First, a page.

Sunday, 13 May 2012

Spring Clean

Inspired by the sunny day today (finally!) I decided to take the plunge and upgrade to one of the new Blogger templates - so here it is, all bright and sparkly! And not black any more. Only a few hairy moments when I tried one of the dynamic templates and lost all my buttons. Luckily, having decided that the dynamic templates were perhaps too headache-inducing and settled on a simple one instead, they all came back.

I'm not sure I like all my pale photos against this background, so I've given them borders for the moment - these may go as I'm not keen on them. But I do like the clean look.

I've just finished building (with a lot of help from Weebly) the site for Odiham Bridewell City and Guilds courses and I have to say I'm very happy with the way it looks - lots of photos of students' work against a clean white background. It's amazing what you can do with a little knowledge and determination.

The reason we've finally bitten the bullet and created a website is that we have an end-of-course exhibition coming up, so this allows us to publicise the courses and the exhibition with minimal printing costs. It is also much easier to update information on a website than printed information and we can include far more inspirational photos than we could otherwise.  It's very exciting!

Note added May 2013 - Odiham Bridewell City & Guilds course archives are now part of the In Stitches website.

Friday, 4 May 2012

. . . by the Skin of their Teeth - part 2

I promised to tell about the second quilt for the Quilters' Guild Region 3 By the Sea challenge.

Even though I had known about the challenge for a long time (I was at the committee meeting where it was first discussed!) it was still last minute. The fabric was dyed/printed on April 16th and the final stitch went in on April 27th - some kind of record I'm sure.

The challenge was to create a quilt 10" wide by 50" long. I have been working on some fabric at Committed to Cloth on a sea theme (one of my recurring themes) which was going to be ideal for this quilt. Trouble was, none of the pieces I had was long enough, and it needed to be wholecloth (you'll see why if you look at the photos). So last time I was there I made a piece specially for this quilt. The fabric is inspired by photos of West Wittering beach, particularly the row of old groynes at the top of the beach near the river/ harbour mouth. They keep cropping up in my work - I have drawn them (see the sketch book in February) and collaged them and I'm sure they'll be around for a while longer.

The marks on the quilt are printed using thickened procion dye and  an old credit card. The credit card is also used to scrape dye mixed with varying amounts of manutex over the rest of the cloth to colour it. The colours used were black (it tends to look blue when diluted), rust orange, petrol green and red-brown. The top of the fabric represents the sky, then the sea (lots of it) with the beach and the groynes in the foreground (lots of artistic license here - as anyone who knows this beach well will tell you!).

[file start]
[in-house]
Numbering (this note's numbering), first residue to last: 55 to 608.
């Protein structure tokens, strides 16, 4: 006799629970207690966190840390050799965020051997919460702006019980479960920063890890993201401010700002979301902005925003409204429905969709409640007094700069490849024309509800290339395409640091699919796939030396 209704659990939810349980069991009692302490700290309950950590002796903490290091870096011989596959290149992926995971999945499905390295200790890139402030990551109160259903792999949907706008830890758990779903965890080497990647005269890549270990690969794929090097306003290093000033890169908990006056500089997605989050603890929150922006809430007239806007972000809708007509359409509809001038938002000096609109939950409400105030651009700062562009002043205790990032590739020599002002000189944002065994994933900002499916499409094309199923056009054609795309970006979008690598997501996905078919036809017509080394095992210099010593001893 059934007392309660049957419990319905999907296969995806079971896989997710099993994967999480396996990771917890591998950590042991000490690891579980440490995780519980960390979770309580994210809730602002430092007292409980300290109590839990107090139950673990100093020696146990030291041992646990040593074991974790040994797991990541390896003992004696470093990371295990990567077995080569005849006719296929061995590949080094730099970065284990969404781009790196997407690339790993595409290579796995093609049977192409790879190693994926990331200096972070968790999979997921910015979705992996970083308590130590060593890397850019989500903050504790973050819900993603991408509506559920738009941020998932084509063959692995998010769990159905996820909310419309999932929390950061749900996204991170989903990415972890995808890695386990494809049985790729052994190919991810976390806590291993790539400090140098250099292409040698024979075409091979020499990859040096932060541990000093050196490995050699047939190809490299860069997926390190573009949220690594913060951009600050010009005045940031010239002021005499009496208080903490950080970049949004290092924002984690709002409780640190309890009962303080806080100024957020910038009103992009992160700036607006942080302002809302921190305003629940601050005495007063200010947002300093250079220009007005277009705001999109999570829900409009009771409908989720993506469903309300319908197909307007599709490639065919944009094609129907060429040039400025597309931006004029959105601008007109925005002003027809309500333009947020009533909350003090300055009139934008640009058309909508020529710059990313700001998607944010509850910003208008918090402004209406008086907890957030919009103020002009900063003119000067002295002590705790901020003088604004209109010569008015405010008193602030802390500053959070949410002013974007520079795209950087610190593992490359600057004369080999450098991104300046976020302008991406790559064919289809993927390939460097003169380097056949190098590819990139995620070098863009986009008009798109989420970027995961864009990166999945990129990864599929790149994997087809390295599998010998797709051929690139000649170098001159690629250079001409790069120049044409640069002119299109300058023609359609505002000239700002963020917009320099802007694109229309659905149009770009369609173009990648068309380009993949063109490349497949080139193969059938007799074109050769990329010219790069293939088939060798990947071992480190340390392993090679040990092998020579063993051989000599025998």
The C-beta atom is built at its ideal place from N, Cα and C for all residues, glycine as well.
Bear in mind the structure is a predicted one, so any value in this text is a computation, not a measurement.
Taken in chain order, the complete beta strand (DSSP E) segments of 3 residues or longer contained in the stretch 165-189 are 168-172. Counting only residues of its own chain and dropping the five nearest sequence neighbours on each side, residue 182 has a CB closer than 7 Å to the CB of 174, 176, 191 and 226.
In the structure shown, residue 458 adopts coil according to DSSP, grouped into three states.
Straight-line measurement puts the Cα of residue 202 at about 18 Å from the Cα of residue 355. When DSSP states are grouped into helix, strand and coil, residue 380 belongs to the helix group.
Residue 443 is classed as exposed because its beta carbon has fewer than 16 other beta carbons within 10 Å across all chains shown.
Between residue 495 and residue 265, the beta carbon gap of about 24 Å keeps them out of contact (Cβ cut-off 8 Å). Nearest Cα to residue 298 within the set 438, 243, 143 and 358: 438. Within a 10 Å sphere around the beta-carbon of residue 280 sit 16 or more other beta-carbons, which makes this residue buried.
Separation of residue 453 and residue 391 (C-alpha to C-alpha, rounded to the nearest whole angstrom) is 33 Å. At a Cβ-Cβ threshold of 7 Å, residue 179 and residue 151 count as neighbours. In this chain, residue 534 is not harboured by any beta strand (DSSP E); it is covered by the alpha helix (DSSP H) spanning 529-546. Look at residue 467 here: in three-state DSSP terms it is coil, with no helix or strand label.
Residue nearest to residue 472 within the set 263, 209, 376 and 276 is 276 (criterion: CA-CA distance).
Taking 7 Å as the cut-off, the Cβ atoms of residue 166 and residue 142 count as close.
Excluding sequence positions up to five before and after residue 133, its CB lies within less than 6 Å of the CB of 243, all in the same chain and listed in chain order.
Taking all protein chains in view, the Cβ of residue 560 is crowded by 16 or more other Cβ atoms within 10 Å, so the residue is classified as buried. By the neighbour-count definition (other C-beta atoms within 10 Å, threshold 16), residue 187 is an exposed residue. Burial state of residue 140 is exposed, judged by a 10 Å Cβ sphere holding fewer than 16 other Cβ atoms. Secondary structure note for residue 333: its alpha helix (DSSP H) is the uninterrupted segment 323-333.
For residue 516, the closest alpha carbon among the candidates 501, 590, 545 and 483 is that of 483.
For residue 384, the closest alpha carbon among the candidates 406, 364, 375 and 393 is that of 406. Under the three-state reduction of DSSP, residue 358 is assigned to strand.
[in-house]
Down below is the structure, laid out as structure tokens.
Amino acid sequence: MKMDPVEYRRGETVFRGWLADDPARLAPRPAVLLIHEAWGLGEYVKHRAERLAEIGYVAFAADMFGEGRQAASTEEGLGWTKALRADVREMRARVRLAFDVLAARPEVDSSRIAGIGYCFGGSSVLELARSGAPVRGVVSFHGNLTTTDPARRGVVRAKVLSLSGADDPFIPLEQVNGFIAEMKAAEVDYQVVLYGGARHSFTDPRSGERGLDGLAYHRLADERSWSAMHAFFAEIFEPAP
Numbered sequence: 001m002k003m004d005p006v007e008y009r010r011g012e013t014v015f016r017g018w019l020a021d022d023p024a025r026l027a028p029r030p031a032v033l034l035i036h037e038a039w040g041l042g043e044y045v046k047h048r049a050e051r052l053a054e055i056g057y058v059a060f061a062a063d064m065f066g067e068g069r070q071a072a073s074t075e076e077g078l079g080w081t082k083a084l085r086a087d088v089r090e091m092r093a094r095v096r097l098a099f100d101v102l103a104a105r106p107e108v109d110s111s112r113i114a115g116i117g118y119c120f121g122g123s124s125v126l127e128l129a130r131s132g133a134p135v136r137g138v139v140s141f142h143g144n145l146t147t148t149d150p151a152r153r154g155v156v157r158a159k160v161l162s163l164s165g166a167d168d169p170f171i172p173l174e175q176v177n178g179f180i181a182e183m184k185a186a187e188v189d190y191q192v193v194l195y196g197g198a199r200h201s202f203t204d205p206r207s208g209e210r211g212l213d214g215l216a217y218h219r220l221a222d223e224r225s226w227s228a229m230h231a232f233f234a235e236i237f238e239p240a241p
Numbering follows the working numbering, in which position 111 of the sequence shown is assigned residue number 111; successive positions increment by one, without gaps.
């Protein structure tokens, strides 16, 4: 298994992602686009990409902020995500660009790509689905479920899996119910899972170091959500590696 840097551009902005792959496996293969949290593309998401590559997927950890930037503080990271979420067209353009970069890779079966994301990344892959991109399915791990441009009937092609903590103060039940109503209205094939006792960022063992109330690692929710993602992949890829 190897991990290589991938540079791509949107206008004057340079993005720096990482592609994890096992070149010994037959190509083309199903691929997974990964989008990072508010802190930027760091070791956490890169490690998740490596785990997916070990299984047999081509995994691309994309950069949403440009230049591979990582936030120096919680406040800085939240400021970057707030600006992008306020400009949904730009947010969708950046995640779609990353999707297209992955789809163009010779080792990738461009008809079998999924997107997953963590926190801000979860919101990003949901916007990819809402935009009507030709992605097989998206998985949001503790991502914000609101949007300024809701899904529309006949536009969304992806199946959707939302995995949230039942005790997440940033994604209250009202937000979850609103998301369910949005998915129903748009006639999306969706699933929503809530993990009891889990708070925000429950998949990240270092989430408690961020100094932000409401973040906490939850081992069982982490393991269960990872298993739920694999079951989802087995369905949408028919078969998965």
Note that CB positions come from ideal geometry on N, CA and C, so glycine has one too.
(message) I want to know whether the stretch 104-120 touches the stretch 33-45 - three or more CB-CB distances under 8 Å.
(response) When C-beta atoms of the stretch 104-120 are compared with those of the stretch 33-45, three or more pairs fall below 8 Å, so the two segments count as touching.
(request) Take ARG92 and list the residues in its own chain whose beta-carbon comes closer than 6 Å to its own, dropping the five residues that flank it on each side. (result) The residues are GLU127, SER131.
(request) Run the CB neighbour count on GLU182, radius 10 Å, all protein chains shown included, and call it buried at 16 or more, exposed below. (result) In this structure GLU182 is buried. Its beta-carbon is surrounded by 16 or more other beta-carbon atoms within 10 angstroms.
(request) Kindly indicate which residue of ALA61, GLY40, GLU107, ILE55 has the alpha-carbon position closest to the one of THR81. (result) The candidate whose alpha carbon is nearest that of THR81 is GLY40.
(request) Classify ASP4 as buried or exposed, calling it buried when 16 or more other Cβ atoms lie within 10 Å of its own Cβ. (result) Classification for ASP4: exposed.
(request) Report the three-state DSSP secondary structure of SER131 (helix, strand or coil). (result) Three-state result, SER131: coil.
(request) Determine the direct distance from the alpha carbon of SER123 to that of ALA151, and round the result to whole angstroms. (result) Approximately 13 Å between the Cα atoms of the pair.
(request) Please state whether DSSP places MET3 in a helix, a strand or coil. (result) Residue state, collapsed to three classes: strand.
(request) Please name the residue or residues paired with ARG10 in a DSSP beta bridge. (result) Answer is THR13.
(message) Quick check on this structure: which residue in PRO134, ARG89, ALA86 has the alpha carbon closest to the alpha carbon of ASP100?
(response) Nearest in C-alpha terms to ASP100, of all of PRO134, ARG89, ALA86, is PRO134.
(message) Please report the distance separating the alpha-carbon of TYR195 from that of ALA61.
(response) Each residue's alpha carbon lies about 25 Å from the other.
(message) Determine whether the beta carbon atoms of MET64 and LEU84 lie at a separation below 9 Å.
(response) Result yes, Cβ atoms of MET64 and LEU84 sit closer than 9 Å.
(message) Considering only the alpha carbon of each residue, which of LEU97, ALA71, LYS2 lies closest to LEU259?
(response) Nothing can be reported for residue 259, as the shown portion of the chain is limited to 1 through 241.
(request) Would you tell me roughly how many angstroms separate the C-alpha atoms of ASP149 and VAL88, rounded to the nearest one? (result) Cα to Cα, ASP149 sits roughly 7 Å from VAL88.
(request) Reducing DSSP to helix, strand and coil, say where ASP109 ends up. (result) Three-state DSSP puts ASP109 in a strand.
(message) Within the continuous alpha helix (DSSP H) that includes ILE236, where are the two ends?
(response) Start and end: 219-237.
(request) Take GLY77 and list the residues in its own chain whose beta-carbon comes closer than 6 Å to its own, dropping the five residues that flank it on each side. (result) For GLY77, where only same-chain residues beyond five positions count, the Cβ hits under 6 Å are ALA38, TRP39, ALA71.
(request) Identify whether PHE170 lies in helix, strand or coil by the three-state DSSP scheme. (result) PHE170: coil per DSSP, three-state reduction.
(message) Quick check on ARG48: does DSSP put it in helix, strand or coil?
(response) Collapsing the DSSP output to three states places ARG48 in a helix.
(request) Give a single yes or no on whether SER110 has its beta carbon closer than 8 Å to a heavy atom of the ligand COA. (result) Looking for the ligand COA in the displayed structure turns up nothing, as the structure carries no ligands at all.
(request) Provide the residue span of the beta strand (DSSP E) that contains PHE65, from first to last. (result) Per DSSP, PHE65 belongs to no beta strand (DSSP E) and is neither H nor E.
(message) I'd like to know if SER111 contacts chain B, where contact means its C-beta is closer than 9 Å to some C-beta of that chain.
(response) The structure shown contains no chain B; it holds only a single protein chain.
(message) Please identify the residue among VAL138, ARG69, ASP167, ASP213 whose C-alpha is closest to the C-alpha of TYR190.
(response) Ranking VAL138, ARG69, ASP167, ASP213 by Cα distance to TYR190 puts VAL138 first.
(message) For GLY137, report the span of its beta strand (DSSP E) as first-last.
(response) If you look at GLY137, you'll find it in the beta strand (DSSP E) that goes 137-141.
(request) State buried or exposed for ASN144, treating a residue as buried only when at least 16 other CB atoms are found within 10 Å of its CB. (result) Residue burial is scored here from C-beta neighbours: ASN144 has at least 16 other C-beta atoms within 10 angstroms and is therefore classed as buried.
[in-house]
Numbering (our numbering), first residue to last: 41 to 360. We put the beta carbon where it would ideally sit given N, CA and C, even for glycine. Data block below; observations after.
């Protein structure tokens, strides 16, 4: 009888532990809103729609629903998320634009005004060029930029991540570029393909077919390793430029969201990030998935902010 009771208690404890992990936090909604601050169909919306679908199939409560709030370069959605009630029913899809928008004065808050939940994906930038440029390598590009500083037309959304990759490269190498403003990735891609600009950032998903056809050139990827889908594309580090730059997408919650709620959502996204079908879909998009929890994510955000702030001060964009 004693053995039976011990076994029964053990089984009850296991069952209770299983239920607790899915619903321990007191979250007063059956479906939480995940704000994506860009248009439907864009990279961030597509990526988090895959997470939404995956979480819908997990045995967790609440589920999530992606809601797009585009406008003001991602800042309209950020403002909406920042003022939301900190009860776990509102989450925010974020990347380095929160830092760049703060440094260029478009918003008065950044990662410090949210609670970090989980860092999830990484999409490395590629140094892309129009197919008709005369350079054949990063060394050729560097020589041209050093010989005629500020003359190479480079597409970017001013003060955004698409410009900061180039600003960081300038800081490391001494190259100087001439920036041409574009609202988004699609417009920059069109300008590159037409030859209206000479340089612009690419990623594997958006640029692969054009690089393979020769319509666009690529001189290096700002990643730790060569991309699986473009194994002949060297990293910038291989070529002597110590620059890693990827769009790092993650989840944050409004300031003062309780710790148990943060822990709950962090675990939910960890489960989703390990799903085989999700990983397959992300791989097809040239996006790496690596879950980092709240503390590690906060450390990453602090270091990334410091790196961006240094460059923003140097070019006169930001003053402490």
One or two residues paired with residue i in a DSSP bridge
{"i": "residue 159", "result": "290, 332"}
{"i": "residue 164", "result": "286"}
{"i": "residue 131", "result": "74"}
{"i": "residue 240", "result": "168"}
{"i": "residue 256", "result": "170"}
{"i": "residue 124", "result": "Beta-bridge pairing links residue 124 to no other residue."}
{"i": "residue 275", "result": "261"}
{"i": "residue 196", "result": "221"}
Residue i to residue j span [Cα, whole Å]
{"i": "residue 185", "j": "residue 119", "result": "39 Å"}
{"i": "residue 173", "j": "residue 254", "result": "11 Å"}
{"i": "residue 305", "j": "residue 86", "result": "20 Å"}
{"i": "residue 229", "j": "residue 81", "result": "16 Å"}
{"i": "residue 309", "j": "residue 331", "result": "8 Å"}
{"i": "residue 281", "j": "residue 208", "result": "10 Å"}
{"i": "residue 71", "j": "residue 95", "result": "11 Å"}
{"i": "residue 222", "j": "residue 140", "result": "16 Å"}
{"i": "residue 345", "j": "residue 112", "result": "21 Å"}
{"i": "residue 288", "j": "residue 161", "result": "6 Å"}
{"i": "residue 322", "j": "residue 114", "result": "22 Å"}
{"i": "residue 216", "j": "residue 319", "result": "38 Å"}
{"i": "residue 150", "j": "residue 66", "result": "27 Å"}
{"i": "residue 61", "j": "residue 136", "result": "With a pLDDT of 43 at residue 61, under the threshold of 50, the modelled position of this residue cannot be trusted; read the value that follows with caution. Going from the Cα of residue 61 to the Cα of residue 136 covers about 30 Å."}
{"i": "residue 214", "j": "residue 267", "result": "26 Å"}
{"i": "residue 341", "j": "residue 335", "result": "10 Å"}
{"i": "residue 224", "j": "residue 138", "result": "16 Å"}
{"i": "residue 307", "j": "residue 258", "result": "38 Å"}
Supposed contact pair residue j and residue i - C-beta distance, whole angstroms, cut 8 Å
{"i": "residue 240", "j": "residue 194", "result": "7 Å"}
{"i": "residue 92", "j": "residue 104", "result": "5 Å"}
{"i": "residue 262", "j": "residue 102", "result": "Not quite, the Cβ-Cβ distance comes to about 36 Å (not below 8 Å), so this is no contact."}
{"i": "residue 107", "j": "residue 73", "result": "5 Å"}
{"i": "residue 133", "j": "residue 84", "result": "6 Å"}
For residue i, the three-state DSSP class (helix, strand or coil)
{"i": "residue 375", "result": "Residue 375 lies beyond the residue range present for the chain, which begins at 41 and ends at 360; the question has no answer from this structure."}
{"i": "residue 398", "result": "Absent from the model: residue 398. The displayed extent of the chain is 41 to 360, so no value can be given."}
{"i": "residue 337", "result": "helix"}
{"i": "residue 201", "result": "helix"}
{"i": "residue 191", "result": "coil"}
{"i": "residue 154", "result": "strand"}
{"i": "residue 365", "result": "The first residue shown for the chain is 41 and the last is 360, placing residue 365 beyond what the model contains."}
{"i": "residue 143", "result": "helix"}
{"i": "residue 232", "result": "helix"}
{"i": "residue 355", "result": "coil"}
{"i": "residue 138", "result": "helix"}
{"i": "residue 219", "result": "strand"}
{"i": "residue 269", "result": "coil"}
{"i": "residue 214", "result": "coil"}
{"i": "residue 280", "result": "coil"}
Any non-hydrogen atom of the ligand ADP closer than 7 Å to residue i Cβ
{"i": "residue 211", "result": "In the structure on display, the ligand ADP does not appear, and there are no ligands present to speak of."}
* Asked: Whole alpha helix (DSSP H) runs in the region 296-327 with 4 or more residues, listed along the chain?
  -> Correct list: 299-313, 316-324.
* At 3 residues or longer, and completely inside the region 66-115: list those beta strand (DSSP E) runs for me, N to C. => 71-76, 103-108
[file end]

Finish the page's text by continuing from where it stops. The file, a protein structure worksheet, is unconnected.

I thought, as time was short, that I would simply machine quilt in wavy lines to represent the sea, and do something different for the beach and the sky. However, nothing is ever that simple, and after I had machine quilted lines to supplement the grasses in the middle the beach, and the FMQ'd the wood of the groynes and the puddles at their bases,  the beach was crying out for texture. So I hand-couched a thread, and then another, and another.

The slippery slope!

Having started I had to continue adding hand stitching to the beach - first my favourite seeding to blend the areas round the groynes, and then I needed something quicker to fill the background. I tried a large-ish quilting stitch but as I wasn't able to get it really even I didn't like the effect, so out it came. As I started to unpick, I noticed that the smaller stitches visible on the back, spaced at about 1/4", looked really effective, so that's what ended up on the front - they give a Kantha-style effect en masse - and the ripples are just right for sand.

Now anyone who is a quilter will know that dense quilting significantly reduces the size of the piece. So by now the bottom of the quilt was 3/4" narrower that the top! There was nothing for it but to hand quilt the top section and the sea as well!

So the sea has straight lines of running stitch in various thick threads. The sky, which is pale grey with a pale orangey-yellow, prompting the naming of the quilt Early Morning, has more seeding and  the same tiny, spaced-out running stitch, this time in curved lines reminiscent of aeroplane trails. Then all I had to do was add a faced binding and a sleeve (at the Stitch Witches' meeting that evening) and it was done.

The thing I forgot to do before taking it to the Regional Day in New Milton the next day was photograph it. So these photos are dreadful - poorly lit (in a school library) and not facing straight on to the camera for the full length, which is why the rows of stitching under the groynes look curved.